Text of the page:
First, let me honour James Orbinski for bringing the reality, the horror, of the word ‘triage‘ into public consciousness.

Triage is doing medicine with limited resources. I submit that pharmaceutical resource choices are also a form of triage.

Here you will find an article complaining that Canada lags behind on rare disease research. I hold that this is a form of triage, and could be a correct decision. The article references an unfortunate individual whose life-extending treatment costs $200,000.00 a year. The condition is extremely rare, one in 100,000 or so.

I ask you to think: how much vaccine (polio, flu, measles, whatever) or research (artemisinin generated in yeast instead of bacteria, for example) could be funded with $200K per year.

One country, New Zealand, performs triage overall in its drug decisions. There is a government agency to achieve this. I believe this agency will come under attack as New Zealand goes into further trade agreements, such as this one.

The pharmaceutical industry is driven by profit, not humanitarianism. The entire book Information Feudalism, ISBN 1-56584-804-7 is about this. India was forced to disallow generic drug manufacturers by elongating and broadening patent restrictions. Claims of poorer quality were false. On page 67-68 of this book we read this:

Having just returned from medical work in Nepal, I am intrigued by the Association of the British Pharmaceutical Industry’s statement that “the pharmaceutical industry in the UK is highly competitive especially in terms of prices.” Most of the drugs available in Nepal are manufactured in India and their efficacy in clinical practice I have found to be the same as their UI equivalents but the price is about one-tenth to one-twentieth of the UK price. Any argument about research and development costs can hardly apply to such humble drugs as paracetamol.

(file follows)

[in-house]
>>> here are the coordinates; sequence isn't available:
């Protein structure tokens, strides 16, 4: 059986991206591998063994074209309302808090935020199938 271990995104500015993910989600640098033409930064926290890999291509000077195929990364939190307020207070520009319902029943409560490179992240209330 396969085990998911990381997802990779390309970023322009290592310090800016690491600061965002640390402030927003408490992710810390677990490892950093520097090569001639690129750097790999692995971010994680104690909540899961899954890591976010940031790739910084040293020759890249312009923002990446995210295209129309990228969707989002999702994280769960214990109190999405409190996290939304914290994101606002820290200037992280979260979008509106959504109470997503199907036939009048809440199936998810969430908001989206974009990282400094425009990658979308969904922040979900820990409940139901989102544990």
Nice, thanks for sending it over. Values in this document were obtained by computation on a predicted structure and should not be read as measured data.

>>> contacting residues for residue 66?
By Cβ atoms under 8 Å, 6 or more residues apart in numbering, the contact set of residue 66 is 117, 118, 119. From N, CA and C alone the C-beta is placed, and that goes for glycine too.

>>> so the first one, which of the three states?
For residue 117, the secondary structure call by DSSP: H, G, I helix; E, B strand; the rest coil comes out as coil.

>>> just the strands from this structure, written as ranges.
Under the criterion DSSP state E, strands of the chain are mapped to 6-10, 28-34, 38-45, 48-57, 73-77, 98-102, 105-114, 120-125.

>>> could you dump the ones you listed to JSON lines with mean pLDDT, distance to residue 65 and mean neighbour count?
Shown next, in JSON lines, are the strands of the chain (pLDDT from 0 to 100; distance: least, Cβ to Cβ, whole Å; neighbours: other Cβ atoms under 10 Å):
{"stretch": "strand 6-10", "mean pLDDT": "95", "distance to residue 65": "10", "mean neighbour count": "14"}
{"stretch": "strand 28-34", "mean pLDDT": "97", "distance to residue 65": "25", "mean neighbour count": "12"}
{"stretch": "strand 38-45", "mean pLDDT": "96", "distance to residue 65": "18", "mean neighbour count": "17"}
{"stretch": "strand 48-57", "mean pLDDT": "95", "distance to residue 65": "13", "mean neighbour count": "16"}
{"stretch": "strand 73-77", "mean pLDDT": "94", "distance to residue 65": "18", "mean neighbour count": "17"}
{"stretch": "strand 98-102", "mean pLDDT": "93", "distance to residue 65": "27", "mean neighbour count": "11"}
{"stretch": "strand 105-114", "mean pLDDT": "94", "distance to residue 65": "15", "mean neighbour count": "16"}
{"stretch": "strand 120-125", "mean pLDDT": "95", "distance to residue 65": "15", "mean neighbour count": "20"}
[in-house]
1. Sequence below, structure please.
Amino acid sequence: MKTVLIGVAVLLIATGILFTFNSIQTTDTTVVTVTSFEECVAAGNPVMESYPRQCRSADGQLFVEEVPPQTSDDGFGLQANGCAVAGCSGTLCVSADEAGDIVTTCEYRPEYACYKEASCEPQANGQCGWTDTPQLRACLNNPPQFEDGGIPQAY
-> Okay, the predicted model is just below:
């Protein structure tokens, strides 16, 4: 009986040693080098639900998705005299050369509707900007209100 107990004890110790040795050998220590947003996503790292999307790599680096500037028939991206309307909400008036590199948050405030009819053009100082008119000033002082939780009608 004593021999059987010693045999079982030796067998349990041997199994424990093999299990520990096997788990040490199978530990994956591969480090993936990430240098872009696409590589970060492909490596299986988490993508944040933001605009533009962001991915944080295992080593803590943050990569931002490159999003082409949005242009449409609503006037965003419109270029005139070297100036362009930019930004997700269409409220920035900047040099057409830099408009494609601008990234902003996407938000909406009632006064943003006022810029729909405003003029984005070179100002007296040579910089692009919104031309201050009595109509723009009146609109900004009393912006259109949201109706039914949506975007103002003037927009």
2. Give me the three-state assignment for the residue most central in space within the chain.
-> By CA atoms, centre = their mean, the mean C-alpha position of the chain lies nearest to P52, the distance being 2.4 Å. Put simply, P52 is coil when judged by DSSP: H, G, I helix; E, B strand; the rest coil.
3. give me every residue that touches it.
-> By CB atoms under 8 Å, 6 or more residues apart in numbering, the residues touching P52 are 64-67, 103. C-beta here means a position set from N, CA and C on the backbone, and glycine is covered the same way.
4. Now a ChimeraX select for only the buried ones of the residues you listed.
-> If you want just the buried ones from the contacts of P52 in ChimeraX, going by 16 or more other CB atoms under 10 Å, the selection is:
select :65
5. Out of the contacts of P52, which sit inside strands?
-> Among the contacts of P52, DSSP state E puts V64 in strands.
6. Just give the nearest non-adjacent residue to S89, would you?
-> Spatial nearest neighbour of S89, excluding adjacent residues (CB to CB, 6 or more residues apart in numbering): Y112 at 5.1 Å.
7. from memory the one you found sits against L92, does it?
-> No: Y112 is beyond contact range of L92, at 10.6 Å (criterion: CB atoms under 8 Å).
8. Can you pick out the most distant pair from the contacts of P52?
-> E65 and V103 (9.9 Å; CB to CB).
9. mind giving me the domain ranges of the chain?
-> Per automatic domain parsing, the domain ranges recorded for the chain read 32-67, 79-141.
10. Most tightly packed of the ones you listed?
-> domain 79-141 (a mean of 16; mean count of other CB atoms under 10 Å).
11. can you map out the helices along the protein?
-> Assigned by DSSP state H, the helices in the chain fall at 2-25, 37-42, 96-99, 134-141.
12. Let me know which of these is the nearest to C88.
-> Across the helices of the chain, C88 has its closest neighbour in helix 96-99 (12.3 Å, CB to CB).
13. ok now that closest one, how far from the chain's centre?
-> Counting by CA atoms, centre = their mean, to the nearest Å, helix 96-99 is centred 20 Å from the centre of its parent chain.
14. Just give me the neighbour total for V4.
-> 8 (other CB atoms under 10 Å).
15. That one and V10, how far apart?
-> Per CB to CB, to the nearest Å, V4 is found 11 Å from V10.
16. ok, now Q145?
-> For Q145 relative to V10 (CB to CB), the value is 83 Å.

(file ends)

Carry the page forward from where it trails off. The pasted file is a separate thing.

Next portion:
Here you will find that a specific HIV drug costs about $25K per year. At one point some other drugs were of the order of $1300 per month. India offered to produce that for about five bucks, and were told they’d be trade-sanctioned into the ground if they did so. So they joined GATT, TRIPS, et cetera. African countries agreed to prosecute generic manufacturers of drugs under patent.

Wholesalers regularly squeeze pharmacies as well. This page is not meant to be visible by non-medical practitioners. I found it by google searching.

So, what’s my point? Triage is my point. We should, as human citizens, demand that our governments and health practitioners do the following:

  • bargain for the best treatments, based on cost-effectiveness and patient counts.
  • question the profits of Big Pharma. Is this fair?
  • Question focusing on rare drug research. Is this good triage? or just good money?

In The Economist page, there is hope, where these words appear:

Second, the price of AIDS drugs plunged. In May 2000 a year’s “triple cocktail” therapy cost $10,000 or so. By 2011 the same pills sold for $62 in poor countries. PEPFAR cash buys generic versions of patented drugs, which may be supplied only to poor countries. Last year two drugmakers won most of PEPFAR’s contracts: Aurobindo, an Indian firm, and Matrix, an Indian firm acquired in 2007 by Mylan, an American one. PEPFAR’s bidding system keeps margins slim even by the standards of the generics industry, says Rajiv Malik, the president of Mylan. But volumes are huge.

I note that $62 a year is roughly $5 a month – what the Indian firms said they could produce it for, in the first place.

Again, think about triage: we have a poplulation with ailments. Let’s be efficient with limited resources. And not try to do everything, even if a newspaper article thinks we should.

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